John Calvin is often black-eyed because of his aggressive, sometimes virulent personality. Even the Oxford Dictionary of the Christian Church claims that “Calvin was the ‘cruel’ and ‘the unopposed dictator of Geneva.’” Bruce Gordon, a Calvin biographer, states that Calvin knew how to manipulate relationships, intimidate, bully, and humiliate. In other words, he was a normal human being like you and me. Calvin seemed to be aware that his character hindered his ministry as in many of his writings he confessed and lamented his sinfulness.

For many of Calvin’s critics the infamous “Servetus affair” defines his posthumous reputation. Michael Servetus was a theologian who taught doctrines contrary to the historic Christian faith in Geneva, the city where Calvin ministered. He was arrested in August 1553 for denying the Trinity and that Christ was the eternal Son of God. He was executed two months later when he was burned at the stake. To Calvin, Servetus was outside the circle of orthodoxy, for Servetus publicly denied the essentials of the faith and encouraged people to embrace his doctrines. Calvin was zealous for God’s reputation and did play a role in Servetus’s execution. Therefore, many think that John Calvin was racing around Switzerland and all of Europe hunting down heretics. Even more, many Christians categorically dismiss the doctrines Calvin taught because of this perception.

Before assuming Calvin was a heretic-burning maniac and dismissing his teachings, consider these points:

  1. People were often executed in Calvin’s day to maintain public order, and heresy was a capital offense. Because of the inherent connection between church and state, anyone who disturbed the peace could be branded as a revolutionary who may do harm to the common good.
  2. Calvin did not oppose Servetus because he was an Arminian. In fact, Servetus was not an Arminian, but a Pelagian (he denied original sin), a Modalist (he denied the Trinity), and a Pantheist (he rejected the fundamental distinction between Creator and creation). Calvin did not oppose people who disagreed with his theological system. For example, he agreeably disagreed with the likes of John Knox over the English prayer book controversy. In reality, Calvin only opposed people who opposed the gospel.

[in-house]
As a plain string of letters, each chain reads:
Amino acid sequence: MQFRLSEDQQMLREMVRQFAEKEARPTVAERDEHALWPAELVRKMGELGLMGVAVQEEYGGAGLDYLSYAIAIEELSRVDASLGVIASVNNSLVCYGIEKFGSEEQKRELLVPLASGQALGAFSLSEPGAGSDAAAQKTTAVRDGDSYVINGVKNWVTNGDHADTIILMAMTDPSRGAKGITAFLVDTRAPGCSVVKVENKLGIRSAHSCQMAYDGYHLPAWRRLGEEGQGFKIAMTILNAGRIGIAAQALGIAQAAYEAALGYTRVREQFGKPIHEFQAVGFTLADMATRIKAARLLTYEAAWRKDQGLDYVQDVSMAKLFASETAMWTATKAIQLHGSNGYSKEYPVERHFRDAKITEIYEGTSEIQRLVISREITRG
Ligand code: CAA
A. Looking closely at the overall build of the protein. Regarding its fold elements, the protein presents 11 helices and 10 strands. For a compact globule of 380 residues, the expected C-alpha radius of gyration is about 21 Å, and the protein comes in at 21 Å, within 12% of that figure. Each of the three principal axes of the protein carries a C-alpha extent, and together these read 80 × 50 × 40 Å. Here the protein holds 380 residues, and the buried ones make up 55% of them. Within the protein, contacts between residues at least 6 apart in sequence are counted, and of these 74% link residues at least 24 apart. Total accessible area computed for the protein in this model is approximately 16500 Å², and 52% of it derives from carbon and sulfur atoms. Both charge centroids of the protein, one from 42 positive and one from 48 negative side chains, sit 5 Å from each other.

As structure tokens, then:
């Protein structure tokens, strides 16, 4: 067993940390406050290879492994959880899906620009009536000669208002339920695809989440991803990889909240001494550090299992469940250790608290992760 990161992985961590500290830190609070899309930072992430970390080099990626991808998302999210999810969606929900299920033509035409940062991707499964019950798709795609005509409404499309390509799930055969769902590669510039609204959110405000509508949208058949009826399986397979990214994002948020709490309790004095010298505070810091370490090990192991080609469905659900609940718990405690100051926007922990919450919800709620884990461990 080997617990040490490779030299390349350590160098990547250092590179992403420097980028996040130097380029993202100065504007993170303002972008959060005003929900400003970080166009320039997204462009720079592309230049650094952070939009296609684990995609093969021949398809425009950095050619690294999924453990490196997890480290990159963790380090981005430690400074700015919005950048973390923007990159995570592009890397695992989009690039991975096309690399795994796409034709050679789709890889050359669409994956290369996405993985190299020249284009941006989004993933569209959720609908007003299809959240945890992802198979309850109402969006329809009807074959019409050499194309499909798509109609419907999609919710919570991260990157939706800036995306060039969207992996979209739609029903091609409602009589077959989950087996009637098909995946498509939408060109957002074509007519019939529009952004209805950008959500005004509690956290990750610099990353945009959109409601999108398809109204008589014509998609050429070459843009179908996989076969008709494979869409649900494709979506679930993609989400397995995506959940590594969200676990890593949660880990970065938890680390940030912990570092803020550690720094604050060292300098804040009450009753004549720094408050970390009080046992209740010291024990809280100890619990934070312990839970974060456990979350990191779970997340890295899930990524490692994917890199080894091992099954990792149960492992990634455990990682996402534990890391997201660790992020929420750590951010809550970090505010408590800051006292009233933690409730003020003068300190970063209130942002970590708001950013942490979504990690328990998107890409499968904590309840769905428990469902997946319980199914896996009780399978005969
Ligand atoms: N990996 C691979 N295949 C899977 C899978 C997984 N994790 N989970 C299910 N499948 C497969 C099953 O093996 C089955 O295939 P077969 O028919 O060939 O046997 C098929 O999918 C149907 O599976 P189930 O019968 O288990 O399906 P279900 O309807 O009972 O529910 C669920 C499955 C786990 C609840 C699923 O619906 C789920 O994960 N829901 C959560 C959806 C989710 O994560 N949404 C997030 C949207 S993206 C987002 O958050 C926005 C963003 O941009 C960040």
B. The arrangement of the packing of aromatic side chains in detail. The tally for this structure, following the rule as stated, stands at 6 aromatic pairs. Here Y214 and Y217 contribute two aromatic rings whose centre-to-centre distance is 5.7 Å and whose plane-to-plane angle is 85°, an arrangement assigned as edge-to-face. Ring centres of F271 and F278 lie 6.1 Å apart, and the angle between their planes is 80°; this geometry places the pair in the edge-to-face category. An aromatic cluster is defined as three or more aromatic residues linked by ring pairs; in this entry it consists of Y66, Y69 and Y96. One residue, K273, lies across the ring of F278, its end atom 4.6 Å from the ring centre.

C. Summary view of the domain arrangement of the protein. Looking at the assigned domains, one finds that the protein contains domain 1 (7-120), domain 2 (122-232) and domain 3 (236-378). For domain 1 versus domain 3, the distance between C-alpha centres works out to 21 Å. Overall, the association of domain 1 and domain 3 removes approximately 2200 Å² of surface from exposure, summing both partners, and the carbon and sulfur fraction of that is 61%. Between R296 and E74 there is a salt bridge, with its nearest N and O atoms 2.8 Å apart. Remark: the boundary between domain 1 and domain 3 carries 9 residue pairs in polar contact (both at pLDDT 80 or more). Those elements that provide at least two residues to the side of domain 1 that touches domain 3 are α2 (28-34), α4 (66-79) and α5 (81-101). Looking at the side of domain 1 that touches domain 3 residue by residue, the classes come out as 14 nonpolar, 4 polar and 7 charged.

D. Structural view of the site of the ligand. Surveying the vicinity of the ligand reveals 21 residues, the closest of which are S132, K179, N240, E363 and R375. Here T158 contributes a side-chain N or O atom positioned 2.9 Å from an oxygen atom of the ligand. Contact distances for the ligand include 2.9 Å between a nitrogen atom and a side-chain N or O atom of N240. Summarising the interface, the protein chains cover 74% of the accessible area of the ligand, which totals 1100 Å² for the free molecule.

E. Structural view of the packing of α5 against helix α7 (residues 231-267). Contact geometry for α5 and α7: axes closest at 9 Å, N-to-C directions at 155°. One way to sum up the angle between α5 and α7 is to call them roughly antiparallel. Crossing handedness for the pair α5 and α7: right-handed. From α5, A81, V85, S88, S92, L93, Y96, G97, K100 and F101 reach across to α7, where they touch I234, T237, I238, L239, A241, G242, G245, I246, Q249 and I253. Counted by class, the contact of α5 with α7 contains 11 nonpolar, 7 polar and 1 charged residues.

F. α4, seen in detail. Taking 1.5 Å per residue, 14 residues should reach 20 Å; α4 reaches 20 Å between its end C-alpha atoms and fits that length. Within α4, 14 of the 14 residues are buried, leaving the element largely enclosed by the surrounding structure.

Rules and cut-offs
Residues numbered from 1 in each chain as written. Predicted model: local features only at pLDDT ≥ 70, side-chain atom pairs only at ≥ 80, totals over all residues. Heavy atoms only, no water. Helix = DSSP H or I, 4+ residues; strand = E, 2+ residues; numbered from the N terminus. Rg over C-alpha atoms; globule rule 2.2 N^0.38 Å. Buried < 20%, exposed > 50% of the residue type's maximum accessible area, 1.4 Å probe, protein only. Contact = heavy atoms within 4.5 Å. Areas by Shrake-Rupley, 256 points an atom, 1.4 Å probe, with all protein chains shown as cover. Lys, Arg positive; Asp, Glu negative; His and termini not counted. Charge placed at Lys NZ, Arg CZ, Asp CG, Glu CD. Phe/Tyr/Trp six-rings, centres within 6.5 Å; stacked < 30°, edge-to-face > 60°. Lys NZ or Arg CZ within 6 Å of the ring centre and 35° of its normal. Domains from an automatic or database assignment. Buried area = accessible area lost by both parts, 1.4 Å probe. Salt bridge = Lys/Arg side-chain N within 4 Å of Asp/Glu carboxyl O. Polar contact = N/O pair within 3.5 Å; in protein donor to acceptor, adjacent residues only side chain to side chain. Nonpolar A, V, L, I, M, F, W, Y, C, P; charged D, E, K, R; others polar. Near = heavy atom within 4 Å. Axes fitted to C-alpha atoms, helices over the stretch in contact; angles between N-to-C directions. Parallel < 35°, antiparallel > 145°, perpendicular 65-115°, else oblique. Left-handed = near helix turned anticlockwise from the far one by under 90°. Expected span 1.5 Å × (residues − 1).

3. Servetus was the only person put to death for religious opinions during Calvin’s time in Geneva, even though executions for heresy were common elsewhere. Alister McGrath, a historian and Calvin biographer, states that Calvin acted more as a technical advisor or expert witness, rather than prosecutor. Additionally, the great historian Roland Bainton notes that Geneva’s prosecutor was a noted enemy of Calvin and acted independently of Calvin in Servetus’s trial.
  4. Though this may count for little in some eyes, Calvin asked that Servetus receive a more humane execution of beheading rather than being burned at the stake. Calvin’s request was denied.

In Calvin’s zeal to protect his flock, he often lacked mercy and grace, as was most certainly the case with Servetus. We must not, however, envision that if Calvin were alive today he would be seeking out heretics to roast. At the same time, we know that Calvin was not an innocent bystander in this situation; yet his legacy is not in jeopardy because of Servetus’s death.Let us remember that Calvin failed us, and not just in the Servetus affair. Like the great men and women of the faith who went before him and came after, Calvin’s virtue lies in pointing us beyond himself to the only One who never failed us and never lacked mercy and grace. Like you and me, Calvin was a great sinner in need of a great Savior.

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13 thoughts on “Was John Calvin a Heretic-Burning Maniac?

  1. When I examined the question, I also found some other unmentioned facts. Servetus, as it turned out, originally Calvin told him to leave Geneva. He was warned that if he returned he would be put to death. He left, but he was under a death sentence by the Roman Catholic church for his heresy. So he returned to Geneva. He was allowed to remain in Geneva as long as he didn’t proclaim his heresies. He refused to keep silent. While it is no excuse for the execution, Servetus went a long way and worked hard at earning it.

  2. Thank you for your reply. I am studying the beliefs of both John Calvin and Martin Luther. I didn’t know the church i attended, which has recently changed its constitution speaks highly of Martin Luther. With the title First Baptist Church as cover I’ve discovered it really is a Protestant Church under a cloak of deception.

  3. I agree with florin.